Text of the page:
A YOUNG woman today vowed to devote her life to battling cancer.
Gemma Wrigley, 23, of Badger Hill, Rastrick, plans to study for a master's degree and work in medical research - with the aim of eradicating cancer.
And she has a very poignant reason for doing so, having watched her father, David, battle against breast cancer.
In 2003, Mr Wrigley, 53, was diagnosed with a disease which affects fewer than 300 men each year.
Thankfully, surgery and chemotherapy have helped him fight the disease and he is now an ardent support of cancer care and charities.
But his daughter is taking things even further, embarking not only on the degree course at Newcastle University next summer but also taking part in a four-year worldwide trail to monitor the progress of a possible cervical cancer vaccine.
She said: "When my dad was diagnosed with cancer and my grandad died of the disease, I knew I had to do something.
"I want to do my bit to fight cancer. I want to be there when they find how it can be beaten".
Gemma, who works in a local bank, told how her father broke the news of his illness just before Christmas, 2003.
She said: "I was working at the UCI Cinema and the manager said my father was on the phone. I knew before he said anything that he had cancer, as I had seen my grandad and an aunt die of it.
"Because dad always had lumps and bumps he had thought nothing more about the growth in his chest. He didn't want to make a fuss, but the GP recommended him for a referral.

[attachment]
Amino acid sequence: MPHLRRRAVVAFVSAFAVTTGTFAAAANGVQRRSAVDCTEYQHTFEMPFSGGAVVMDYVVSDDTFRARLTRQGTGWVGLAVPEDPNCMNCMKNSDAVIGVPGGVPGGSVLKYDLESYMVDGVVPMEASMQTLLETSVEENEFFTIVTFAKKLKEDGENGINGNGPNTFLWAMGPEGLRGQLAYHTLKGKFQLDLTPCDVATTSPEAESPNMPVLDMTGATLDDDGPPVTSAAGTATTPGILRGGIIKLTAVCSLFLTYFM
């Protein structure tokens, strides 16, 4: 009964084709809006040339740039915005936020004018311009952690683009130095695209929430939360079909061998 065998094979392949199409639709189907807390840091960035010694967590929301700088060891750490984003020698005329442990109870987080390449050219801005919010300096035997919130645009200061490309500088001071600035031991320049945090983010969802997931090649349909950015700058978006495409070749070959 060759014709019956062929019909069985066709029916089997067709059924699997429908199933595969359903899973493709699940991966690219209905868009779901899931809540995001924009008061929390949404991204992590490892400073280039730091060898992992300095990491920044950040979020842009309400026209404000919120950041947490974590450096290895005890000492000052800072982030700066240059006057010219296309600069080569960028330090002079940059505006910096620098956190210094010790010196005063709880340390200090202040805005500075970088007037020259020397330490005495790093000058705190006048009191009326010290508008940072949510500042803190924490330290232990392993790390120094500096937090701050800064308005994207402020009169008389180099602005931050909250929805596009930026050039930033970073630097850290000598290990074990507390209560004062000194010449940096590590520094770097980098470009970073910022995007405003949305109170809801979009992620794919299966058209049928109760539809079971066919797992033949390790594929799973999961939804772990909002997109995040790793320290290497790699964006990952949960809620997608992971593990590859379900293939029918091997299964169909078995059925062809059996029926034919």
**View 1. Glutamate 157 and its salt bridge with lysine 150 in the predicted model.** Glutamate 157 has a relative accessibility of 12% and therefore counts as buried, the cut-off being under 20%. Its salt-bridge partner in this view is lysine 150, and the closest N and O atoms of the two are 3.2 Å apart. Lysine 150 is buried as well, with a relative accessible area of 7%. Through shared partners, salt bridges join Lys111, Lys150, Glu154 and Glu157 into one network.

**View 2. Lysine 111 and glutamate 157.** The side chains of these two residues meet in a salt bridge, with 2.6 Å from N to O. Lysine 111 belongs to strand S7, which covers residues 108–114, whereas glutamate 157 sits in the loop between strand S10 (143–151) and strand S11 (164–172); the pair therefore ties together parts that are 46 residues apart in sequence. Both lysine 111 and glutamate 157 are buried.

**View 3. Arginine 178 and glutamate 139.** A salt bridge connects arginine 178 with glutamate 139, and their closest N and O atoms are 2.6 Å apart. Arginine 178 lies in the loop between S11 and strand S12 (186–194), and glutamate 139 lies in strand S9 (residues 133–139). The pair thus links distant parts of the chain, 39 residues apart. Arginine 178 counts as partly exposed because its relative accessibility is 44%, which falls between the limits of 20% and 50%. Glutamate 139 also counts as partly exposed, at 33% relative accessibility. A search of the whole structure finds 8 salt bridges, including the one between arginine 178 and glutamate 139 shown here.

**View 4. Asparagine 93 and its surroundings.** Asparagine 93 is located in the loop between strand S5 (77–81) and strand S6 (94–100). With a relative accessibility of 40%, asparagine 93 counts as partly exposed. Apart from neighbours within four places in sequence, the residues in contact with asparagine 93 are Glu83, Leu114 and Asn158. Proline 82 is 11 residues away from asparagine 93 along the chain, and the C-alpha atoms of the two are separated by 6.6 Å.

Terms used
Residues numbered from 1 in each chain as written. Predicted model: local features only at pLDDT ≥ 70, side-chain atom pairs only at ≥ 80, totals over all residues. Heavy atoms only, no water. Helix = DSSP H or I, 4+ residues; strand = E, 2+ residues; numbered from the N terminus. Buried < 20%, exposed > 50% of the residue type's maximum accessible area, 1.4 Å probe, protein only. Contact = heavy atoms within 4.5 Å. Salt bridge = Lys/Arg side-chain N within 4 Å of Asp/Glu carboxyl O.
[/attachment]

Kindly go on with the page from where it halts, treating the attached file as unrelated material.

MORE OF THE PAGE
"I was in the middle of preparing a dissertation for my course on breast cancer at Bradford University.
"I never knew men could get breast cancer. I thought it was something that only affected women."
The news shocked David's wife, Sheila, and his son, Andrew, 27, as well as other relatives and friends.
Mr Wrigley, who works at Jewson in Leeds Road, Huddersfield, had treatment at the Royal Infirmary. And he was full of praise for the breast cancer nurse.
"She was great. She treated me as an individual, rather than just another patient. That can make all the difference if you're feeling isolated.
"There is no difference between men and women with breast cancer, but there is a difference in the way they are treated.
"Breast cancer material is aimed at women, so anything that recognises that men can get the condition is to be applauded."
After surgery and chemotherapy Mr Wrigley is on a course of Tamoxifen and is back at work.
He and Gemma took part in a 10-kilometre run, raising money for cancer research.
And he has worked with Breast Cancer Care, producing a guide on breast cancer for men.
Gemma added: "Dad's fighting spirit has inspired me.
"I was fed up feeling bad about cancer. Life is for living and that's what we and other affected families are trying to do.